All this computer controlled cleverness will reward you with excellent fuel economy, and this even more so when you adopt an anticipative driving style. It proved no trouble to achieve consumption averages around the 4 liter/100 km range, with a whopping test low of 3,6 litres, and with an overall test consumption at 5,2 litres/100 km, partly also resulting from fast motorway runs and general performance testing. The adoption of a new hybrid battery pack, Ni-mH on the Sedan, enhances fuel economy indeed.
The hybrid system, features a smaller, lighter transaxle in which a new, dual axis structure adopted for the motor and generator achieves a low loss gear train with a smaller overall width. This parallel axis structure both increases the motor’s rotation speed and reduces its size.
The gear ratio has been optimised to promote maximum fuel efficiency and dynamic performance. Allied to gear tooth surface polishing, the new gear structure further suppresses resonance and operation noise, making the hybrid drive system quieter in operation than ever before.
The well proven four-cylinder, 1,797 cm3, DOHC, Atkinson Cycle engine benefits from numerous measures designed to improve fuel efficiency, enhance acceleration performance and reduce cabin noise. Friction and heat management of the engine has been improved, and the painstaking attention to detail goes even further with the adoption of a resin cylinder head cover which combines substantial weight reduction with superior NV (Noise and Vibration) performance, and even a change in the shape of the exhaust system muffler.
Performance leaves very little to be desired. We mentioned already the ever present ample torque of the electric motor which makes you a master in dense city traffic, where instant acceleration can be much of a premium. Indeed, greater torque from the electric motor provides a more linear rpm increase under acceleration. 0 to 100 km/h acceleration costs 11 seconds and top speed is 180 km/h.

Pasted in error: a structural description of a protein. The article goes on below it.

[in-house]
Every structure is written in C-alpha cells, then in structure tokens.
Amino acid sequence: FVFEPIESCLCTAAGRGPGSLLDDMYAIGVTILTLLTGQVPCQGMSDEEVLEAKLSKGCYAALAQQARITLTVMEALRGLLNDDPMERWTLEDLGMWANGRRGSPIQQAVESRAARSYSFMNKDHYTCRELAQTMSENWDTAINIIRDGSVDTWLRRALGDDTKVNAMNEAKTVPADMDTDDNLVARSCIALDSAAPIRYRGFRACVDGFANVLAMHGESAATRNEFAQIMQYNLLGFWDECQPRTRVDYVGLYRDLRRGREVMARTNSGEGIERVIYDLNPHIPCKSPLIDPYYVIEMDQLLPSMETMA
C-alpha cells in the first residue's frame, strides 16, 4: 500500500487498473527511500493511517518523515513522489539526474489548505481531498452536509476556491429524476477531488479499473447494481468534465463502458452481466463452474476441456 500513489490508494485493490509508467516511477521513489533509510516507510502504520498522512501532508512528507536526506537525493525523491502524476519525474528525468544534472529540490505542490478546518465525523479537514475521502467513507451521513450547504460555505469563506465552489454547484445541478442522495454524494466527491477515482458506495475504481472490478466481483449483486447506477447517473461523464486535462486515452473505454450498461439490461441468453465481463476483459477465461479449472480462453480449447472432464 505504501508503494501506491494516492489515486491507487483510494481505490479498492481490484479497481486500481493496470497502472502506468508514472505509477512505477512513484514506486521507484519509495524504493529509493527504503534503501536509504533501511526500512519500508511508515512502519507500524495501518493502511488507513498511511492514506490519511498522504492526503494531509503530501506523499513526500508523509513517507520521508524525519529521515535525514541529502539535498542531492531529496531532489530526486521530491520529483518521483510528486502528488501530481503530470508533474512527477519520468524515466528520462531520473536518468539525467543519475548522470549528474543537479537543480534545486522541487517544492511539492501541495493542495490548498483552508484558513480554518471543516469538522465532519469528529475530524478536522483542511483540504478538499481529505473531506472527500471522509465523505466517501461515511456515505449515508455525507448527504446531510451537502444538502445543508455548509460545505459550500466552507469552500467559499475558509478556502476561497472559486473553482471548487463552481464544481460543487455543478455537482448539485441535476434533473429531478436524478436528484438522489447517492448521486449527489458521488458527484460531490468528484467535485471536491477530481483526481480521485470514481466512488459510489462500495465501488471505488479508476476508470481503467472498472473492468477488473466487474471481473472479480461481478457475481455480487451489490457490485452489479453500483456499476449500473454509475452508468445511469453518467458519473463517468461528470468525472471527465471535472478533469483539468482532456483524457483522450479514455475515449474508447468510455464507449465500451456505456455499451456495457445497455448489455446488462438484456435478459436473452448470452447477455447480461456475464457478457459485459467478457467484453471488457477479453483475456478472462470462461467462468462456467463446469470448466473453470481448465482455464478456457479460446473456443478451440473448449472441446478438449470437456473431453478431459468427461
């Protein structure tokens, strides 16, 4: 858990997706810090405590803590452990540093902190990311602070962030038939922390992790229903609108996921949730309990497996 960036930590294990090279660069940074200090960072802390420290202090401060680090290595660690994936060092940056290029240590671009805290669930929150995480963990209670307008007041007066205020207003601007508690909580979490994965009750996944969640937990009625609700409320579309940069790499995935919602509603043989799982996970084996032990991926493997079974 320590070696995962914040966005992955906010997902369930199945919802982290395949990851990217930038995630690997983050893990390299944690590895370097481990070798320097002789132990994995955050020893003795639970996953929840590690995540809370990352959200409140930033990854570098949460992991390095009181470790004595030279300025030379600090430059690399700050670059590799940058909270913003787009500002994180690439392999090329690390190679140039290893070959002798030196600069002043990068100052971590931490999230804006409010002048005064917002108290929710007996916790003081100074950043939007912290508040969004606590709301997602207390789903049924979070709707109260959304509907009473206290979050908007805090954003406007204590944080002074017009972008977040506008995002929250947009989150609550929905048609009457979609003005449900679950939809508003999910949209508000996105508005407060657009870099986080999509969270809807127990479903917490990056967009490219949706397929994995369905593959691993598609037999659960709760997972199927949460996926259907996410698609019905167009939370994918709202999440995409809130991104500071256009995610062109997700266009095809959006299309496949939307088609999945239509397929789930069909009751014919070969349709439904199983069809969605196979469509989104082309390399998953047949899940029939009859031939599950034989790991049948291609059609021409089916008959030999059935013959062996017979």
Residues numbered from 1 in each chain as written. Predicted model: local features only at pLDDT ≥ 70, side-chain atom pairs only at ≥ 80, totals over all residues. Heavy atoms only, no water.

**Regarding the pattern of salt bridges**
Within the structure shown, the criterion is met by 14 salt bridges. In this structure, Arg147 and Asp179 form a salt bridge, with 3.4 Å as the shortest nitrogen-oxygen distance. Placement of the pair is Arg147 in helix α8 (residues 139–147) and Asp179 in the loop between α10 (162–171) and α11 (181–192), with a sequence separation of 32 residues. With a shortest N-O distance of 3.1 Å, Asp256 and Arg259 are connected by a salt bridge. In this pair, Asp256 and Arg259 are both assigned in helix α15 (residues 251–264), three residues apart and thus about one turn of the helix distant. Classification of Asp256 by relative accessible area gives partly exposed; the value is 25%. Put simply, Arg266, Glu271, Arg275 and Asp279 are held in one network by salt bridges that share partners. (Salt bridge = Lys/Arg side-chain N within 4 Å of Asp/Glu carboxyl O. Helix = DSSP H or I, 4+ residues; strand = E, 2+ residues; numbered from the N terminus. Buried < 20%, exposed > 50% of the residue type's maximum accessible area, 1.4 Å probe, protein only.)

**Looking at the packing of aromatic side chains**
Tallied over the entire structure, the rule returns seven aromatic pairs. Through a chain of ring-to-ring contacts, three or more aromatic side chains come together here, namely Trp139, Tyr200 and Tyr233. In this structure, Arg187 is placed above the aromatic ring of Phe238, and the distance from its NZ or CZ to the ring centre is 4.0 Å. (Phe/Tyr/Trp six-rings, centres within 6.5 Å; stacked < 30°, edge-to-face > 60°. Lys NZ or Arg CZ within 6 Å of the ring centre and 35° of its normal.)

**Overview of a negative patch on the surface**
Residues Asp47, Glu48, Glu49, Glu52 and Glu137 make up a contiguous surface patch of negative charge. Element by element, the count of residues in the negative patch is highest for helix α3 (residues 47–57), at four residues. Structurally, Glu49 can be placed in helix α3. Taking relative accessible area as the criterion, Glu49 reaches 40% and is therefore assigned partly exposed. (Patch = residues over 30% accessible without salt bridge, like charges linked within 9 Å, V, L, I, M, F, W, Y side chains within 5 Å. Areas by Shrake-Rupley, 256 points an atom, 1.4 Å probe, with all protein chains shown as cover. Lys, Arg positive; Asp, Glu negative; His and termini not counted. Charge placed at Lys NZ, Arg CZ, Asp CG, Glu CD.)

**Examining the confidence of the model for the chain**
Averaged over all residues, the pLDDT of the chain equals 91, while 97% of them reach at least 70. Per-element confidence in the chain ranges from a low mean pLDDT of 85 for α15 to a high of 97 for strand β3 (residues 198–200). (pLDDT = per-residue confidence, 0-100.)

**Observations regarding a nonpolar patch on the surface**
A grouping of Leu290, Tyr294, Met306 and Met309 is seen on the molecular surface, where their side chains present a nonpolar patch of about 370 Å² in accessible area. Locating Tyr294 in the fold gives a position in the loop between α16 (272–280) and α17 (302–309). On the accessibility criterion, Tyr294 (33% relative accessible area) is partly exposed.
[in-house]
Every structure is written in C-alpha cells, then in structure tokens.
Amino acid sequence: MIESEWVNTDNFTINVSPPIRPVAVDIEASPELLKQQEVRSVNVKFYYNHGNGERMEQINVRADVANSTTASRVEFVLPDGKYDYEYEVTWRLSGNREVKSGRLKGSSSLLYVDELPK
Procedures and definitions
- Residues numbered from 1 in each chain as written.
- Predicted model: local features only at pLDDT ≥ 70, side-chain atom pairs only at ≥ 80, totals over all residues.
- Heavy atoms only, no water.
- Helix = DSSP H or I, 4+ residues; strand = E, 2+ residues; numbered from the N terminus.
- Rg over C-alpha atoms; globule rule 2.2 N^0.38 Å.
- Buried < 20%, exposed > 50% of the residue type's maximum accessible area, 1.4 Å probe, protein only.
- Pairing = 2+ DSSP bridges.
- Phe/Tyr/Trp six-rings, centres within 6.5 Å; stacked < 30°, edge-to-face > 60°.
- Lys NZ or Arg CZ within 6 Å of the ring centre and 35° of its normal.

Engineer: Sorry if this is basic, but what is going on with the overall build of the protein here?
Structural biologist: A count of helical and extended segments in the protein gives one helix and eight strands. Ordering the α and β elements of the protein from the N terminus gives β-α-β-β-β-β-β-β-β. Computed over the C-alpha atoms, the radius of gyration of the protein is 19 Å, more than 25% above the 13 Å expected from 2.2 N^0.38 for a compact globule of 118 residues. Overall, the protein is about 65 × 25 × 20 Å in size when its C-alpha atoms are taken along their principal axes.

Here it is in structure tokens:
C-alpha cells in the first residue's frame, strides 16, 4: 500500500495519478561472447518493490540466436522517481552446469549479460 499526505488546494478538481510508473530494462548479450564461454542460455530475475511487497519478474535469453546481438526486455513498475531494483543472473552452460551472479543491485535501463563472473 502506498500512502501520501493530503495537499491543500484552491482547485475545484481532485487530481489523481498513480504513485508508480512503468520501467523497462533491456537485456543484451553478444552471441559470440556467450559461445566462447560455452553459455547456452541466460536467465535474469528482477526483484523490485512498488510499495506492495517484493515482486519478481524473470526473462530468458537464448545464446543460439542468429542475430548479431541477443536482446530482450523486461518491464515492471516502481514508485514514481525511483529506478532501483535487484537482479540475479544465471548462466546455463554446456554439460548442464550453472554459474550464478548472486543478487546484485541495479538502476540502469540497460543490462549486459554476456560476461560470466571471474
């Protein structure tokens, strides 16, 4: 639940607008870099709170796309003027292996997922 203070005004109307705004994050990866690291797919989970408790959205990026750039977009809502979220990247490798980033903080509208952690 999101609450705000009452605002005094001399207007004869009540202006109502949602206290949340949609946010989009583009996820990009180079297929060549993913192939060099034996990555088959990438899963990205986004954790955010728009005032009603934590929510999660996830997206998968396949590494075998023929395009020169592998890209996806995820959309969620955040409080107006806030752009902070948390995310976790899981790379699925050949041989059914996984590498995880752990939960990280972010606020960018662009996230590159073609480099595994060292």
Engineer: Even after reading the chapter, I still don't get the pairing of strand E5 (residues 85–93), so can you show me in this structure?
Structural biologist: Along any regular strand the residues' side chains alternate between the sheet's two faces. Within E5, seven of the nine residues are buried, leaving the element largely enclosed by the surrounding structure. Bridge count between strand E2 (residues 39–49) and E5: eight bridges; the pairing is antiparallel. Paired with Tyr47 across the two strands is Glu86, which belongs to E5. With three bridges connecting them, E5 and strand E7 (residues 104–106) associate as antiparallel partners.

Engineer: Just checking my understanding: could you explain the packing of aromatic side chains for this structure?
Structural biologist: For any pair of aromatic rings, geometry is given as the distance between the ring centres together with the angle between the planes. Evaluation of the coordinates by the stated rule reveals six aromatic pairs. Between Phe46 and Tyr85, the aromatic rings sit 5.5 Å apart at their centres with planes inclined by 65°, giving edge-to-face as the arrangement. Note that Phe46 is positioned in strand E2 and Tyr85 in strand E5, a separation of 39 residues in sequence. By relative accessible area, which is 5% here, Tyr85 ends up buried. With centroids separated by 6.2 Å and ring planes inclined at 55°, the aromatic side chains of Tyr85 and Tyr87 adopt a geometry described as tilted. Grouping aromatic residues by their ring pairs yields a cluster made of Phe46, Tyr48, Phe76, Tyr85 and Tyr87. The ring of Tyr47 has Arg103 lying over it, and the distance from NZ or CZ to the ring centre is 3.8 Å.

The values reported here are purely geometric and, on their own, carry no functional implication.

Driving pleasure is not an empty word…
The new Sedan enjoys a wide and low stance thanks to the Toyota New Global Architecture (TNGA) GA-C platform. A lower centre of gravity, a 60% more rigid body shell and a multi-link suspension fitted as standard all contribute to better handling and stability, and indeed, the new Corolla is a joy to put through its paces on winding roads.
High speed stability is also excellent, and truly demonstrates the vast experience of a high volume manufacturer who truly hones its bestseller to engineering excellence.
All this does not compromise ride and comfort. The Corolla also earns very good marks here. The Sedan also benefits from the same extended 2,700 mm wheelbase as the Touring Sports, ensuring sufficient legroom and a comfortable ride also for rear seat passengers.
All new Corolla variants are equipped as standard with the latest version of Toyota Safety Sense; a set of active safety technologies designed to help prevent or mitigate collisions across a wide range of traffic situations.
Toyota Safety Sense now includes upgraded versions of the Pre-Collision System (PCS), full range Adaptive Cruise Control (ACC), Lane Departure Alert (LDA), Road Sign Assist (RSA) and Automatic High Beam (AHB). In addition, it introduces a new intelligent Adaptive Cruiser Control (ACC) and Lane Trace Assist (LTA) for advanced driving support.
This Corolla hybrid Sedan struck us as a perfectly balanced car which embodies all the good qualities one would expect from a world car in this class, where we mention here that the Corolla range also includes a Hatchback and a Touring Sports version, the latter which was wholly engineered in Europe and indeed is exclusively targeted at the European market. It is therefore hardly surprising that the magazine Fleet awarded the Corolla top marks in its class in its “lease car of the year 2019” contest.
We can only wholeheartedly agree…
Hans Knol ten Bensel